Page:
However, this title is extremely pleasing in the audio department. Granted, there’s not much dialogue (well they are Legos), but what you don’t get in voice acting, you receive tenfold in score. The game’s music is absolutely excellent and features both original music and some very creative arrangements of some of the classic movie scores. The game’s soundtrack is also extremely varied, and it’s honestly remarkable how much music there is in this game. It’s a real pleasure listening to this game, and the good news here is that there’s such a wide selection that you’ll be listening to new and exciting tunes in every level. You’ll definitely enjoy listening to this one!
One thing that did disappoint me about this game is the lack of new content. For the most part, all the levels are the same as they were on the preceding Lego Star Wars games. While I realize that there is some new content, I feel like it is not enough to merit a re-purchase. The only real differences with this version are the forgettable Wii controls, a new stage in Episode II, some new hidden content, and a couple new playable characters. So it’s a really great game for those just getting into the series. But if you already have the Lego Star Wars series, you should know that this game basically treads the same ground.
Lego Star Wars: The Complete Saga is a great game for those who enjoy well-executed platforming. And if you’ve had no prior experience with the Lego Star Wars games, then it’s perfect, and you’ll probably enjoy every minute. Lego Star Wars is undoubtedly a great franchise. However, if you’re looking for new Lego Star Wars content or a unique Wii experience, then Lego Star Wars: The Complete Saga probably isn’t the game for you. But in any case, may the force be with you!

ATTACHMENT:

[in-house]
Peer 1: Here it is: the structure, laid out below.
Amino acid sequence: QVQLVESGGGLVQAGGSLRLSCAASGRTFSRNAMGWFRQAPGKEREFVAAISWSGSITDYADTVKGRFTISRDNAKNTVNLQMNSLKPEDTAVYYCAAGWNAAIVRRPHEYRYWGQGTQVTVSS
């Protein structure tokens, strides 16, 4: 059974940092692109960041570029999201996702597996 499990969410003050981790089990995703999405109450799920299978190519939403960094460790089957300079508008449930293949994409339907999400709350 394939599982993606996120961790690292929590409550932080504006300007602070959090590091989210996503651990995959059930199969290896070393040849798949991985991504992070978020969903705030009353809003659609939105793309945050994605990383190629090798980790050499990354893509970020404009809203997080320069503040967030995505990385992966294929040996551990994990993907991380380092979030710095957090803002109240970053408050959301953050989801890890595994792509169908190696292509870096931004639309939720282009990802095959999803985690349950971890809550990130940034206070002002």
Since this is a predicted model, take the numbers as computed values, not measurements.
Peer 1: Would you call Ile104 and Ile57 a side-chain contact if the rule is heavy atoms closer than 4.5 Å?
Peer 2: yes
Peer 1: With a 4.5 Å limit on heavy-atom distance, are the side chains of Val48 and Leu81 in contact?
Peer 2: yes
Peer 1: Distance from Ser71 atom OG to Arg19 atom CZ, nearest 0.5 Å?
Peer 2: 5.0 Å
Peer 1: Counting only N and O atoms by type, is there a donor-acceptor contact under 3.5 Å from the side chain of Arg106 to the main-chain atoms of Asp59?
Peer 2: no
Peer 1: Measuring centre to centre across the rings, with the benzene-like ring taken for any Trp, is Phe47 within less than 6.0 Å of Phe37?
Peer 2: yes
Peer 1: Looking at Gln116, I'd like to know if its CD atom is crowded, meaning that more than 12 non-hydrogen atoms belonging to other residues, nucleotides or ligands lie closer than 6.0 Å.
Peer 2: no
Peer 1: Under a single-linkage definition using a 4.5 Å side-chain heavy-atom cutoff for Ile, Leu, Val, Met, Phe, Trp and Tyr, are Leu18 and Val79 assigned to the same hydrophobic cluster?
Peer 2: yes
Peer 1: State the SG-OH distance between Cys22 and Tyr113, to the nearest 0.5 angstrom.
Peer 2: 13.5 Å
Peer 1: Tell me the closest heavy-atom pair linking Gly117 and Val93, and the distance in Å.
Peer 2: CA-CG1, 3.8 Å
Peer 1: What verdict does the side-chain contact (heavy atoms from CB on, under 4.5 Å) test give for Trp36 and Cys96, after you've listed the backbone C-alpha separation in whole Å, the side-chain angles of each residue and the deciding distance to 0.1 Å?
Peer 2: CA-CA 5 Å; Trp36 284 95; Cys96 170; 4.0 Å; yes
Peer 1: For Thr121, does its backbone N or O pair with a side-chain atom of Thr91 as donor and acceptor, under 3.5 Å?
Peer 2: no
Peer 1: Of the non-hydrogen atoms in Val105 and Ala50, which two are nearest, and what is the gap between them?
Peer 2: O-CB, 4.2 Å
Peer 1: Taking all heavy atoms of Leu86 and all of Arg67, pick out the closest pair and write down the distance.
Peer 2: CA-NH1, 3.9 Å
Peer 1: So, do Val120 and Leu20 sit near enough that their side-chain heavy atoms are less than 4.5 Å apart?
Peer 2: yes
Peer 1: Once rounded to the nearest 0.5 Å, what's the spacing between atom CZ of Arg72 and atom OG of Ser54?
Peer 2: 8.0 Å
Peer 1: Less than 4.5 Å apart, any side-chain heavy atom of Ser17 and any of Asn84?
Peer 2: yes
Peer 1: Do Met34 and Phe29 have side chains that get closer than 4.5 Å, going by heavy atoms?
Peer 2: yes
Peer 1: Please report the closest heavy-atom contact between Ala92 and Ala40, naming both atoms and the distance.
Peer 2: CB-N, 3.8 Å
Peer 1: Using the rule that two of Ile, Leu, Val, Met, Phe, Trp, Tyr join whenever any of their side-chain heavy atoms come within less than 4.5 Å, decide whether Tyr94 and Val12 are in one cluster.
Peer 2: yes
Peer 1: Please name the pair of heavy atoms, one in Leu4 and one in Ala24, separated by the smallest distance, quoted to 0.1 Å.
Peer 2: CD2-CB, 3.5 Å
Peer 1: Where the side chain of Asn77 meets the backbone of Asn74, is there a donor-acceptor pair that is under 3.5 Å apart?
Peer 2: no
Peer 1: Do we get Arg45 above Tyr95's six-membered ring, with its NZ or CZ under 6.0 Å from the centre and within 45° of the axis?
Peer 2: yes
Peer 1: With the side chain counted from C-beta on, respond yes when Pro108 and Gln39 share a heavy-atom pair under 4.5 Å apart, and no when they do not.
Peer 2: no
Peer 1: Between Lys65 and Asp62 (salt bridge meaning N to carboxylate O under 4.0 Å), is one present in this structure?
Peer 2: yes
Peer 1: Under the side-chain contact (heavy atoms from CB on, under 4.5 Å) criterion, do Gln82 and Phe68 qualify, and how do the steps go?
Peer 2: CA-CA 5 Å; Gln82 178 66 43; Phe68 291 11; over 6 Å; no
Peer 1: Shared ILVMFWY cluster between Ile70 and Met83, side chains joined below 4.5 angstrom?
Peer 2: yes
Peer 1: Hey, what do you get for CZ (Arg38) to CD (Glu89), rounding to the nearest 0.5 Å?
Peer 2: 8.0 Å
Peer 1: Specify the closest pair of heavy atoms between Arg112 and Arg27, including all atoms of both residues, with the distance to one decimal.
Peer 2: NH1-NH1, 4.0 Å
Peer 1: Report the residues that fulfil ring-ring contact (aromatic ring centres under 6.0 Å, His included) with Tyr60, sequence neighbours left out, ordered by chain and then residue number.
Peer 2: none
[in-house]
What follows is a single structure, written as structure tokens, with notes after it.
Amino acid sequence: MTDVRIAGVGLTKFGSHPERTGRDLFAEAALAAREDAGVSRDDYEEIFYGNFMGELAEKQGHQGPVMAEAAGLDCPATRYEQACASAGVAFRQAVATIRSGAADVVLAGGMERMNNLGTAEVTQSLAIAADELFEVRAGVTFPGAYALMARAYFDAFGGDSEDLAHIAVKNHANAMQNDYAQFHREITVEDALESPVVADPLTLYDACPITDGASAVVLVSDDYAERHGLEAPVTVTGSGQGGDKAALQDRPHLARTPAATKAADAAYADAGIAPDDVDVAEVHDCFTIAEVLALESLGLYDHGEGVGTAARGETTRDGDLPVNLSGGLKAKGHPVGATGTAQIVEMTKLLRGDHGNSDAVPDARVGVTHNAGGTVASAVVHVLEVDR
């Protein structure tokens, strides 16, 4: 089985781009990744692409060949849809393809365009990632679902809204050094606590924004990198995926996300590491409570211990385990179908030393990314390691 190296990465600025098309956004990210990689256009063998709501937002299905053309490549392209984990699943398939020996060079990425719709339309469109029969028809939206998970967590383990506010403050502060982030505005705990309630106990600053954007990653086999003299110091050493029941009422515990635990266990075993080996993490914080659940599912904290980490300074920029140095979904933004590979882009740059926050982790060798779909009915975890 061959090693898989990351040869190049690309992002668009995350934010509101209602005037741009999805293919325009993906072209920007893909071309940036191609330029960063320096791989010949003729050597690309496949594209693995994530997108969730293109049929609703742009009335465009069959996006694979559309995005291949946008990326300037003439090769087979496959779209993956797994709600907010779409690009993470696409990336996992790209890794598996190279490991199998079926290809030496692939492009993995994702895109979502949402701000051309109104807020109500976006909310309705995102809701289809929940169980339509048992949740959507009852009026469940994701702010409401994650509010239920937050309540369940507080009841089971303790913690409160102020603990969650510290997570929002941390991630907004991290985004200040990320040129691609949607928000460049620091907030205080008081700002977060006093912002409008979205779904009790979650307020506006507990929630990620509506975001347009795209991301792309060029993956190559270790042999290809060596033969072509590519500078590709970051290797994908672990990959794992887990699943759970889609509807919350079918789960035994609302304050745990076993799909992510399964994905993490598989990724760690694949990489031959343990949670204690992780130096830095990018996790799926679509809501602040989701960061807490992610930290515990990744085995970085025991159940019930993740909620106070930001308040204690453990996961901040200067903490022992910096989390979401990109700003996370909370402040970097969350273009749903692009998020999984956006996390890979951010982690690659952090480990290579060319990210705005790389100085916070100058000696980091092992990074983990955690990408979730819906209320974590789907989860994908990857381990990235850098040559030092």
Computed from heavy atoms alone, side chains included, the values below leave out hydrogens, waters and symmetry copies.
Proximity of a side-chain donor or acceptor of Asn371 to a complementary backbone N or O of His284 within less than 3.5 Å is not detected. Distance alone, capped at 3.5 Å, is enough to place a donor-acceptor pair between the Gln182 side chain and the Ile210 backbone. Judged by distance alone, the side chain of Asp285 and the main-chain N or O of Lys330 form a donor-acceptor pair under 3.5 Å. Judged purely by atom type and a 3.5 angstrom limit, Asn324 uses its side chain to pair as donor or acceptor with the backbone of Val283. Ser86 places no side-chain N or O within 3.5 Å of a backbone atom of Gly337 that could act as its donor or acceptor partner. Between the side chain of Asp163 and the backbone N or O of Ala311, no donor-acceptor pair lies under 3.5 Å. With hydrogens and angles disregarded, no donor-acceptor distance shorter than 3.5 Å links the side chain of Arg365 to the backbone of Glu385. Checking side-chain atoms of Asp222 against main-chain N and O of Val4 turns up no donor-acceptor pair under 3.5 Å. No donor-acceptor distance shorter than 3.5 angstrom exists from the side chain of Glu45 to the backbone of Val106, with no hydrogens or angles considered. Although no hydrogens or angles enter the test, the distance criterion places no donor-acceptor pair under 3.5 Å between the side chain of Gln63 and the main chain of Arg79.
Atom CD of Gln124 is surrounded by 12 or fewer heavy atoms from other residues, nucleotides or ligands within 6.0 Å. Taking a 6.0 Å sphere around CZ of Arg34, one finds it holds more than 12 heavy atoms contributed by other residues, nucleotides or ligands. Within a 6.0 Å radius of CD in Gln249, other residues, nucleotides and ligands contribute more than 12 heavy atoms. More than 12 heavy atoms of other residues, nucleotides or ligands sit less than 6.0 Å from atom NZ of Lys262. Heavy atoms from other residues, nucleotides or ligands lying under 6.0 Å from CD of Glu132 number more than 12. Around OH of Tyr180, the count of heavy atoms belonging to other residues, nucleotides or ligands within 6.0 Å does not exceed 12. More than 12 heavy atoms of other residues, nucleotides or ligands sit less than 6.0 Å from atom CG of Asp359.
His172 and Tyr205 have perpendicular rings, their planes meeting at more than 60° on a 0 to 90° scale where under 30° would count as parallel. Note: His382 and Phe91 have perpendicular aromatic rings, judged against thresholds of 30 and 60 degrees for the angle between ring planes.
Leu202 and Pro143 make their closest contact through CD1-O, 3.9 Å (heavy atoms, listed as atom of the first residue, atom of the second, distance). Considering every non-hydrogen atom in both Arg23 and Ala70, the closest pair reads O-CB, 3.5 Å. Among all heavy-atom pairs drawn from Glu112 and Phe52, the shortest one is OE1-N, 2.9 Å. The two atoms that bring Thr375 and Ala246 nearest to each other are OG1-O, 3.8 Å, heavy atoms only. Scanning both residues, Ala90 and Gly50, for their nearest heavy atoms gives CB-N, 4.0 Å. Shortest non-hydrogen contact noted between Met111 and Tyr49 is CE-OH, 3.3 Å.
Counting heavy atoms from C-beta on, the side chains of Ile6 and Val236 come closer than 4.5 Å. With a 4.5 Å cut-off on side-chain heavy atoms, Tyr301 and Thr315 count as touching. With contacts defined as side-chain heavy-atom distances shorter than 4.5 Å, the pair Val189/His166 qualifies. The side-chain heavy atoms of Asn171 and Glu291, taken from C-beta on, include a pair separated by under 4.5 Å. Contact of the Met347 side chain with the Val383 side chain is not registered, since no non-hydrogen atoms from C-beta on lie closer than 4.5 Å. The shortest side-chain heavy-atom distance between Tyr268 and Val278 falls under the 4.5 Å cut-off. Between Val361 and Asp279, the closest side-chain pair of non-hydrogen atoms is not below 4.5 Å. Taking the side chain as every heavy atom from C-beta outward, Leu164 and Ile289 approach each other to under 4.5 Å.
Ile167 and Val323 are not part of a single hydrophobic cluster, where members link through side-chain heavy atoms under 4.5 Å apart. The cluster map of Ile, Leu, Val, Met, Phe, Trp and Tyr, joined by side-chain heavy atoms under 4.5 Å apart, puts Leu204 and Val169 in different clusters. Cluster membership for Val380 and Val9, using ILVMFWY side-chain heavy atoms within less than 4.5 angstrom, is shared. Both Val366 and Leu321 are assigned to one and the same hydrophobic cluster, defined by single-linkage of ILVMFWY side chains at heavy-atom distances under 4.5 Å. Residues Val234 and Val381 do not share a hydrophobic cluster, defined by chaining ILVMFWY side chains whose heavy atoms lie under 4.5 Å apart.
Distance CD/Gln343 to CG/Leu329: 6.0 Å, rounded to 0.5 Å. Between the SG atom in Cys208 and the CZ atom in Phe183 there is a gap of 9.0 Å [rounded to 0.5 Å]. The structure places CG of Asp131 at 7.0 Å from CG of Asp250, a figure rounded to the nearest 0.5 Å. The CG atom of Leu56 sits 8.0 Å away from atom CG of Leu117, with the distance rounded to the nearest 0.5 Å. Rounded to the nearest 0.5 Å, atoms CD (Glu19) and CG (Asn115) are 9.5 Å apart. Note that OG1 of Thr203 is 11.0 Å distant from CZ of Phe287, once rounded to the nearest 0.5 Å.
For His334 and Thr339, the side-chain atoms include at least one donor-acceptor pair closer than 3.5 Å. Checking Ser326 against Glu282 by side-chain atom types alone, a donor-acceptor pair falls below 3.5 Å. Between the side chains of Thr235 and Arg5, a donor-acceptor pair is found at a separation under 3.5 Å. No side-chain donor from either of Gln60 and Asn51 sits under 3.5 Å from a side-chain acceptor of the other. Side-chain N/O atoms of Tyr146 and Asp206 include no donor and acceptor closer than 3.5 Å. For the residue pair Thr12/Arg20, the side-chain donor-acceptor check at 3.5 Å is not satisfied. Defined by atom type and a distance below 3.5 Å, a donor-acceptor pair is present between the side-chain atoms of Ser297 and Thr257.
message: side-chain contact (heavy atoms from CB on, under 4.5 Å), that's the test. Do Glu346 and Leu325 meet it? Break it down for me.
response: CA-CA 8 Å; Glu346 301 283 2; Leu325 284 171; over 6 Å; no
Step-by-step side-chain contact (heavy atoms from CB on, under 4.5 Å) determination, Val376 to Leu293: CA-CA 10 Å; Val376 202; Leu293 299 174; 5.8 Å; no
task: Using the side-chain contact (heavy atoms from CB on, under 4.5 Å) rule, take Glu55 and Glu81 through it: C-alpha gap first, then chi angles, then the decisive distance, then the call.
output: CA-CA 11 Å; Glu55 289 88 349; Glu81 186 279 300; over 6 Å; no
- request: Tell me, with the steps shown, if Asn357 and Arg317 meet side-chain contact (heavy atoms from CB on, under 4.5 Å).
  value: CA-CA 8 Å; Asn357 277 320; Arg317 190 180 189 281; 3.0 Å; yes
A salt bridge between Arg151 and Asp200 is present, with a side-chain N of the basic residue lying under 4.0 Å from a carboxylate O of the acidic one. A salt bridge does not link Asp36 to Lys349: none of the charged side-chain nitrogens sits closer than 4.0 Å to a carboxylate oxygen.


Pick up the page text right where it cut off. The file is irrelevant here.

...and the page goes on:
racing action is captured in cinematic style and players are rewarded for showing off their skills a
RATING OUT OF 5 RATING DESCRIPTION 4.3 Graphics
Above-standard Wii graphics do the job for this title, Lego characters look awesome, but some of the environments look a little generic. 3.0 Control
Controls aren’t overly complex, but the specialized Wii controls are pretty much useless and were not incorporated well. 4.5 Music / Sound FX / Voice Acting
Beautiful music from the Star Wars series, and a few original tunes blended in make this game a delight to listen to. 3.5
The only real replay value lies in the 150 unlockable characters. But once you’ve got them all, you’re basically done with the game.
4.0 Overall Rating – Great
Not an average. See Rating legend above for a final score breakdown.